Having your gallbladder removed can also make it so that there aren't enough enzymes to break down fat properly, making supplementation a necessary measure to reduce digestive issues.

According to Johns Hopkins Medicine, other examples of diseases or conditions that affect the production of digestive enzymes include cystic fibrosis, other gastrointestinal surgeries, and any condition that disrupts your pancreas since so many digestive enzymes are produced there.

Johns Hopkins Medicine also explained that some digestive enzyme insufficiencies might be inherited and present as soon as you are born. Or, they can develop over time due to various conditions or treatments, such as gallbladder removal surgery.

But if you don't have a definite enzyme deficiency (you can find out for sure by having your poop tested), or your symptoms are more of a nuisance than severe, it might be easier on your wallet to simply remove any foods from your diet that cause digestive distress in the first place. "For most people, removing sugars, grains, liquid dairy, and industrial seed oils from the diet can dramatically improve the digestive issues many might try to treat with a supplement," said Dr. Berry.

How Many Kinds of Digestive Enzyme Supplements Are There?

The over-the-counter digestive enzyme supplements on the market are modeled around the three primary categories of digestive enzymes created naturally within the body (protein-, fat- and carb-specific), said Nazir Khaja, MD, California-based gastroenterologist and clinical associate professor at UCLA School of Medicine.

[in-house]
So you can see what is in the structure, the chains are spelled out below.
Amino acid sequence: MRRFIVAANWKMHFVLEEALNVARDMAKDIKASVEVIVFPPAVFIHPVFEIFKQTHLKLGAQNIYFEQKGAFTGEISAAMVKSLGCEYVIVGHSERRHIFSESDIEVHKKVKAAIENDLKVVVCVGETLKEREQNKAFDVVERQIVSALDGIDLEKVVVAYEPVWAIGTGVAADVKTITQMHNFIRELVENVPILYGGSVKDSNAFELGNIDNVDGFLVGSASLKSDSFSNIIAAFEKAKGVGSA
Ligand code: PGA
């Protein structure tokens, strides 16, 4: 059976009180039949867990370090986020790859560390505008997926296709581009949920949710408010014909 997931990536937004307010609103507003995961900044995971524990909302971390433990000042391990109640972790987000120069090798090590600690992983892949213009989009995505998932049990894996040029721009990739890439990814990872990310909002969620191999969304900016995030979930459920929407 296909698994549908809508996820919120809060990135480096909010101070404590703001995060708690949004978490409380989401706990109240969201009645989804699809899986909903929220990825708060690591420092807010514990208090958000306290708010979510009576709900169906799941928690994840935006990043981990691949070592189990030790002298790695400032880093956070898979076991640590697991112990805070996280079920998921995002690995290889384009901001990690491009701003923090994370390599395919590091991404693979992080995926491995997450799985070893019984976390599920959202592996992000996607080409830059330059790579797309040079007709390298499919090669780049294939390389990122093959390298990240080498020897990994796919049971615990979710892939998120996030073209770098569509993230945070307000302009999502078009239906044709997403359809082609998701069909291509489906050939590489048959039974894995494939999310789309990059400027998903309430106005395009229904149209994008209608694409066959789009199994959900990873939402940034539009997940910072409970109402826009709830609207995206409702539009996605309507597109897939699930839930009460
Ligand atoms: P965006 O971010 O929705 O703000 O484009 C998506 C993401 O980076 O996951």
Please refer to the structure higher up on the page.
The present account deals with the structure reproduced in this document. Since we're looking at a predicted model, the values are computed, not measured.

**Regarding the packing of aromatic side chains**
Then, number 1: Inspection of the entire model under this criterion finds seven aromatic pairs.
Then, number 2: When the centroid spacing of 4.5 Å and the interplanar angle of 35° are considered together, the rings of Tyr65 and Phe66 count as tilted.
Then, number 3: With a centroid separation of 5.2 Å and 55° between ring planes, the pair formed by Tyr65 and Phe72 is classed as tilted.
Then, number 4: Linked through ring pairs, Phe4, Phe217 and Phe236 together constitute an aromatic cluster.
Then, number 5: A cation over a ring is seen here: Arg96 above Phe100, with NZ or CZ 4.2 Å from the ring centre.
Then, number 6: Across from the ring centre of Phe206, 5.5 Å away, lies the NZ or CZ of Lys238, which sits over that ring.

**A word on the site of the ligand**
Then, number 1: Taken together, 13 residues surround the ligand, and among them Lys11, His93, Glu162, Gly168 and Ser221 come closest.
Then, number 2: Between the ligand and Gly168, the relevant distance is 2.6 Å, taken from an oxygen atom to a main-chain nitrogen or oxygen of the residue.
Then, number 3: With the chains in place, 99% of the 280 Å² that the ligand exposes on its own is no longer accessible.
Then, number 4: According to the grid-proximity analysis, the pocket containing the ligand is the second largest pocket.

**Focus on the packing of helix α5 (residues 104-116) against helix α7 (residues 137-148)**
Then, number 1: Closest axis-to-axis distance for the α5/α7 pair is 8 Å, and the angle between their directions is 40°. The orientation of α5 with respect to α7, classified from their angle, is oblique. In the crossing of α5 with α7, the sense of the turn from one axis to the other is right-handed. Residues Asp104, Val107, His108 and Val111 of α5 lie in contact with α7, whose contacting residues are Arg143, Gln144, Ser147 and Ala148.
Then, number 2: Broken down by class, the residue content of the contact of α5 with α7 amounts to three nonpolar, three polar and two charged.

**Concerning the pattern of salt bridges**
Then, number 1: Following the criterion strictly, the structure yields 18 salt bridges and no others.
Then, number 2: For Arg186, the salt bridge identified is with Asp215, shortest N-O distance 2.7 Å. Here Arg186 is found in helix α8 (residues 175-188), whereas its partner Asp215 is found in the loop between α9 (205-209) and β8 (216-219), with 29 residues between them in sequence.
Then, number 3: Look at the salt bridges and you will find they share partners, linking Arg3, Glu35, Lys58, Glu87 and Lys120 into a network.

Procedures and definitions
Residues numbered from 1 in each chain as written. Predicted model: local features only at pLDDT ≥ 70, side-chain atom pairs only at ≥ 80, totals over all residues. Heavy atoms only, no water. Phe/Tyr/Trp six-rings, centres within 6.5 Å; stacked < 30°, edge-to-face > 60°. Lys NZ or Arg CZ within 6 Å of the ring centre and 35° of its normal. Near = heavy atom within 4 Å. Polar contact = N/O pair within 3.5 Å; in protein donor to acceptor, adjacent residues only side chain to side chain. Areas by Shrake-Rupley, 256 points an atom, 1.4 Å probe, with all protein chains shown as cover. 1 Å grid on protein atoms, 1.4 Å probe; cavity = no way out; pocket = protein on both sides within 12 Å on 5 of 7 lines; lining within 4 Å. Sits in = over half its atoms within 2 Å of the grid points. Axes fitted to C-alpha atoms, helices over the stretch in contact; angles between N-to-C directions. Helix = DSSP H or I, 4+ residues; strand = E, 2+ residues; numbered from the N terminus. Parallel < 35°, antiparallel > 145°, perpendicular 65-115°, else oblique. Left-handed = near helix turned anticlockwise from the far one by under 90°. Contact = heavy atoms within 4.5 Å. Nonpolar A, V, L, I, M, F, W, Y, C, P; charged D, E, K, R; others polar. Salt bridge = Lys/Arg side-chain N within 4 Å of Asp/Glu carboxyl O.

Two more well-known examples are lactase (for digesting lactose found in dairy products) and alpha-galactosidase supplements (for sugars found in cruciferous veggies and legumes). There's also a growing market for supplements that combine digestive enzymes and claim to alleviate multiple gut issues in one shot. "Whether they actually help or not is up for debate because no meaningful studies have proven their merit," said Dr. Berry.

Beyond over-the-counter supplements, Johns Hopkins Medicine explained there are also prescription digestive enzymes. Pancreatic enzyme replacement therapy, or PERT, is a Food and Drug Administration (FDA) regulated treatment. PERT is typically given to individuals with cystic fibrosis (because of the damage that can happen to the pancreas with this condition), and those with frequent pancreatitis.

Can Your Body Become Dependent?

"If your body still makes the digestive enzymes you need, then taking a supplement of them won't help or hurt your health—it'll just lighten your wallet," said Dr. Berry. The one scenario where your body would become reliant on an enzyme supplement is if a legit deficiency is present, making the supplement necessary for proper digestive function.

Can Digestive Enzyme Supplements Interfere With Other Medications?